There’s a simple way to get more 401(k) participants to buy annuities: remember that most participants are not financial analysts. Most are “the rest of us,” or TROUs in this discussion.
TROUs range from the slightly math averse to borderline innumerates. They appreciate restaurant bills showing suggested gratuities, and retail displays showing 35%-off pricing as “today” versus “regularly.”
This doesn’t mean TROUs aren’t smart. They just don’t process numbers the way financial experts do. Annuity sellers who want TROUs as clients and customers approach TROUS accordingly. If they don’t, they’ll miss out on a sizeable potential customer base.
Simply put, most TROUs are clueless about annuities. That’s why they don’t call. So, trying to “sell” annuities to them–in the traditional meaning of selling–is often a waste of time.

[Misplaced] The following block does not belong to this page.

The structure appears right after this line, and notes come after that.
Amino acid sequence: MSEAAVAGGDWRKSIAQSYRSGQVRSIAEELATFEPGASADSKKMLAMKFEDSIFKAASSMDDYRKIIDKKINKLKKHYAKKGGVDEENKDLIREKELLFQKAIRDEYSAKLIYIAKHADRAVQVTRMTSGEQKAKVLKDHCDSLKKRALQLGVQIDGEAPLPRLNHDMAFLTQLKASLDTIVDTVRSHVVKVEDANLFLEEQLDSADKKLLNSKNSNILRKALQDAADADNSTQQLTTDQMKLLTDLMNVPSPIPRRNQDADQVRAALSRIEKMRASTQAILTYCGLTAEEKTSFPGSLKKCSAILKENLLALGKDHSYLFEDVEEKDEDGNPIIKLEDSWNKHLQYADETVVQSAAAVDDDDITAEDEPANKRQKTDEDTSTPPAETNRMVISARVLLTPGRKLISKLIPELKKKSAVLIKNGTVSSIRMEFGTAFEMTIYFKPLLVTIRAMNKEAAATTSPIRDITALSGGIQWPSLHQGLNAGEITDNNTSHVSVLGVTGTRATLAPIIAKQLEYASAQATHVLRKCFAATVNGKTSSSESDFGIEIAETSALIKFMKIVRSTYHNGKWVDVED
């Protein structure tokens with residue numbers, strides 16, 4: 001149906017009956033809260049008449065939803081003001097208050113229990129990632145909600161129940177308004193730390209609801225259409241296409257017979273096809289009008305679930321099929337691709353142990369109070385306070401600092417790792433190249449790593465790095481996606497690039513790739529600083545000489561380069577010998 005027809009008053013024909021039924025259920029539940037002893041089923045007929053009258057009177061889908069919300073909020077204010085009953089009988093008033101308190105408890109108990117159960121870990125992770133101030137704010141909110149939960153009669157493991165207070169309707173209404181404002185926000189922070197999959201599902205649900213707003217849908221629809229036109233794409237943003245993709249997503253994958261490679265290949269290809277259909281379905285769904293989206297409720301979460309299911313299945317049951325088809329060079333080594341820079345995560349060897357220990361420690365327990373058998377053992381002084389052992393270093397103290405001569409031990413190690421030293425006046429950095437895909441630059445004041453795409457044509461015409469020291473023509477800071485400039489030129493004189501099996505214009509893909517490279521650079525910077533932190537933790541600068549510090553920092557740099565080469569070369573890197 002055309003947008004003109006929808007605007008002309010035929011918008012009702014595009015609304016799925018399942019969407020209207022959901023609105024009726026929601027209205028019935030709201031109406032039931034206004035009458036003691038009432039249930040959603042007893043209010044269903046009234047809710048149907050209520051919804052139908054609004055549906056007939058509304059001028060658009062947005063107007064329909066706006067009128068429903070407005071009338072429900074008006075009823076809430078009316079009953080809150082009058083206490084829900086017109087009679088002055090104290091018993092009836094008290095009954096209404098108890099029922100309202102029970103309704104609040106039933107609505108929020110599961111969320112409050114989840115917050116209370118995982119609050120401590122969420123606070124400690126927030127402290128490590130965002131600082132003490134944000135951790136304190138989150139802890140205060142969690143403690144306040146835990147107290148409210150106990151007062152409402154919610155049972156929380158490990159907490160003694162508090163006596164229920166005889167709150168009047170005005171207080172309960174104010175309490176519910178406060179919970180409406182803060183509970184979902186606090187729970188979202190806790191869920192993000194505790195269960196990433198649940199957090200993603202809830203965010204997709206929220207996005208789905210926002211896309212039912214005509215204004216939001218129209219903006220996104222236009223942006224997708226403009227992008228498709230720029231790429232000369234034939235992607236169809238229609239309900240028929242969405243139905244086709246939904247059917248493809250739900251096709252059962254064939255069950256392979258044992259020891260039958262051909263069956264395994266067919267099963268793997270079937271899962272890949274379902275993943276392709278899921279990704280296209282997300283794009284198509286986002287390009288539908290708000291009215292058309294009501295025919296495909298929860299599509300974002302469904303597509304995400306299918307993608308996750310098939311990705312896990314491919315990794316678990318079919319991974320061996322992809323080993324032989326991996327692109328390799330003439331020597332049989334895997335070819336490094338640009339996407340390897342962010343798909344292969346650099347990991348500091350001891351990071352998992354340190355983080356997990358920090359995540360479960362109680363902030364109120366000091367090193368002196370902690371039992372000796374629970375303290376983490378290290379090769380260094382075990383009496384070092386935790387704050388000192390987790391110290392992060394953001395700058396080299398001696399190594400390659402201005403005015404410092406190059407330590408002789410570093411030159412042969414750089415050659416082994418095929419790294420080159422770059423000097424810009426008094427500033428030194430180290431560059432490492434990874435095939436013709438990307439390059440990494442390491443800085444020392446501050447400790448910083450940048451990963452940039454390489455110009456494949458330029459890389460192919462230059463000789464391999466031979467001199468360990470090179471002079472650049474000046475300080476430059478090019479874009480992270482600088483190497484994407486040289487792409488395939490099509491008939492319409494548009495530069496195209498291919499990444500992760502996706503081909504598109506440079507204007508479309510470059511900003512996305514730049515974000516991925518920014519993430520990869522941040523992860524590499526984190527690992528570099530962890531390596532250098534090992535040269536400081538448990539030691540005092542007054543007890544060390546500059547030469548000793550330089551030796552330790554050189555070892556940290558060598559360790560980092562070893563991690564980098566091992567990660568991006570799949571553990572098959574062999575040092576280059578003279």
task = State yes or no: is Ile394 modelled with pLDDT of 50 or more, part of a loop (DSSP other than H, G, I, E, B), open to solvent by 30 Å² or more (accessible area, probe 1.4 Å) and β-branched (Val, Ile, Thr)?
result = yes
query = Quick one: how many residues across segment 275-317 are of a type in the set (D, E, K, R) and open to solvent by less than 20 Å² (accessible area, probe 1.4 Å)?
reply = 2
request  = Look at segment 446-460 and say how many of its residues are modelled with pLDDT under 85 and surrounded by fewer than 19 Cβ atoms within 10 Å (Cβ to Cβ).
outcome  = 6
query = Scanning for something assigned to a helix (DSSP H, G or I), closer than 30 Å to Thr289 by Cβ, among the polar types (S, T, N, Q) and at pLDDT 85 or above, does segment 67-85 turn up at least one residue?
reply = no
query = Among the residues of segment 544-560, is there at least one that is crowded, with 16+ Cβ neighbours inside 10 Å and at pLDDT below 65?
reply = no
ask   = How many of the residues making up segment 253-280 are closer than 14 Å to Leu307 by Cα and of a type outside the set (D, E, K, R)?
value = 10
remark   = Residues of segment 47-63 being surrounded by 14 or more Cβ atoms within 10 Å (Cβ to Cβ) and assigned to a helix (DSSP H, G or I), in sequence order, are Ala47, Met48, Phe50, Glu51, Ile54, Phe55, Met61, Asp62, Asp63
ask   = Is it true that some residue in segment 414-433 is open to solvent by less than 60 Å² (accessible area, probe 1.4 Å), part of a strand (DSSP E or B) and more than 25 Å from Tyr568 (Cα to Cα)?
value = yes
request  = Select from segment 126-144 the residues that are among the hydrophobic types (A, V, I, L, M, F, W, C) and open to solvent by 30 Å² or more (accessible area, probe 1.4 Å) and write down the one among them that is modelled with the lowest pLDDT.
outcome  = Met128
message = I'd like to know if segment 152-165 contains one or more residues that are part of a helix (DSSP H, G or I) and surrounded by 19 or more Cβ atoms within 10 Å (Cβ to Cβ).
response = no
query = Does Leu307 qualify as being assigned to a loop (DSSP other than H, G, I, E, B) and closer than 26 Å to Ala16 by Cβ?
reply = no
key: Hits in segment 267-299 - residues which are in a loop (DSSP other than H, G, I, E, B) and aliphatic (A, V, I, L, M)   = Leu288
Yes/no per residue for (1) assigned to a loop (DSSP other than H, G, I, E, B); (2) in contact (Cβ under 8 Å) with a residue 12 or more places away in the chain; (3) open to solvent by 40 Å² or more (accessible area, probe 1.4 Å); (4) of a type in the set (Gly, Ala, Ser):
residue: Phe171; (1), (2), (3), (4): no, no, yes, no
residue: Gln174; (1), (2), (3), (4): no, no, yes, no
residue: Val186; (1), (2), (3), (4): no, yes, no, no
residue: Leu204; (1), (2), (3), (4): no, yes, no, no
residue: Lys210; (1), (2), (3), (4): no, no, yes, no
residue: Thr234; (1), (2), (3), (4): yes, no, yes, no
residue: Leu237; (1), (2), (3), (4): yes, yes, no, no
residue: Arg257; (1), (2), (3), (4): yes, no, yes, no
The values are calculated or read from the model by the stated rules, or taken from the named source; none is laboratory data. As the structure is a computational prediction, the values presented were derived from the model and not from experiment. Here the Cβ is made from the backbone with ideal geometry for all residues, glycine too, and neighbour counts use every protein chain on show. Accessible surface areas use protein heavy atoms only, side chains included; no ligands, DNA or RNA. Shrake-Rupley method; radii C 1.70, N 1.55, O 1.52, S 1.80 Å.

A better approach is to help them “discover” annuities. That uncovers their need and desire to buy.
The key is to present ideas in ways TROUs immediately understand. For example, they understand shopping. So why not present the financial aspects of retirement as the same as other purchases?
Here’s how: start by helping TROUs discover what retirement financial lifestyle they want to purchase. Give them a clear and easy way to estimate the price of that lifestyle. Then, help them find the discounts. Finally, let them see the value of a lifetime guarantee.
Rather than telling them how much to spend each year and how long they’ll need it, involve TROUs in discovering those amounts. Ask big-picture questions like, do you want to live in a bungalow or a fancy beach condo? Stay where you are or on cruise ships? Stop working as soon as possible or keep going as long as you can? Spend more, the same or less than now?
Use the answers to show how the ‘retail price’ is set. Here’s an example:
“You said you’d like to spend $40,000 a year, maybe for 25 years–from age 65 to 90. To get your estimated retail price, we’ll simply multiply $40,000 times 25 years … that’s (pause) $1,000,000.”
Expect to hear, “Wow! No one ever explained it like that before.”
This simple approach helps TROUs discover the impact and risk of longevity.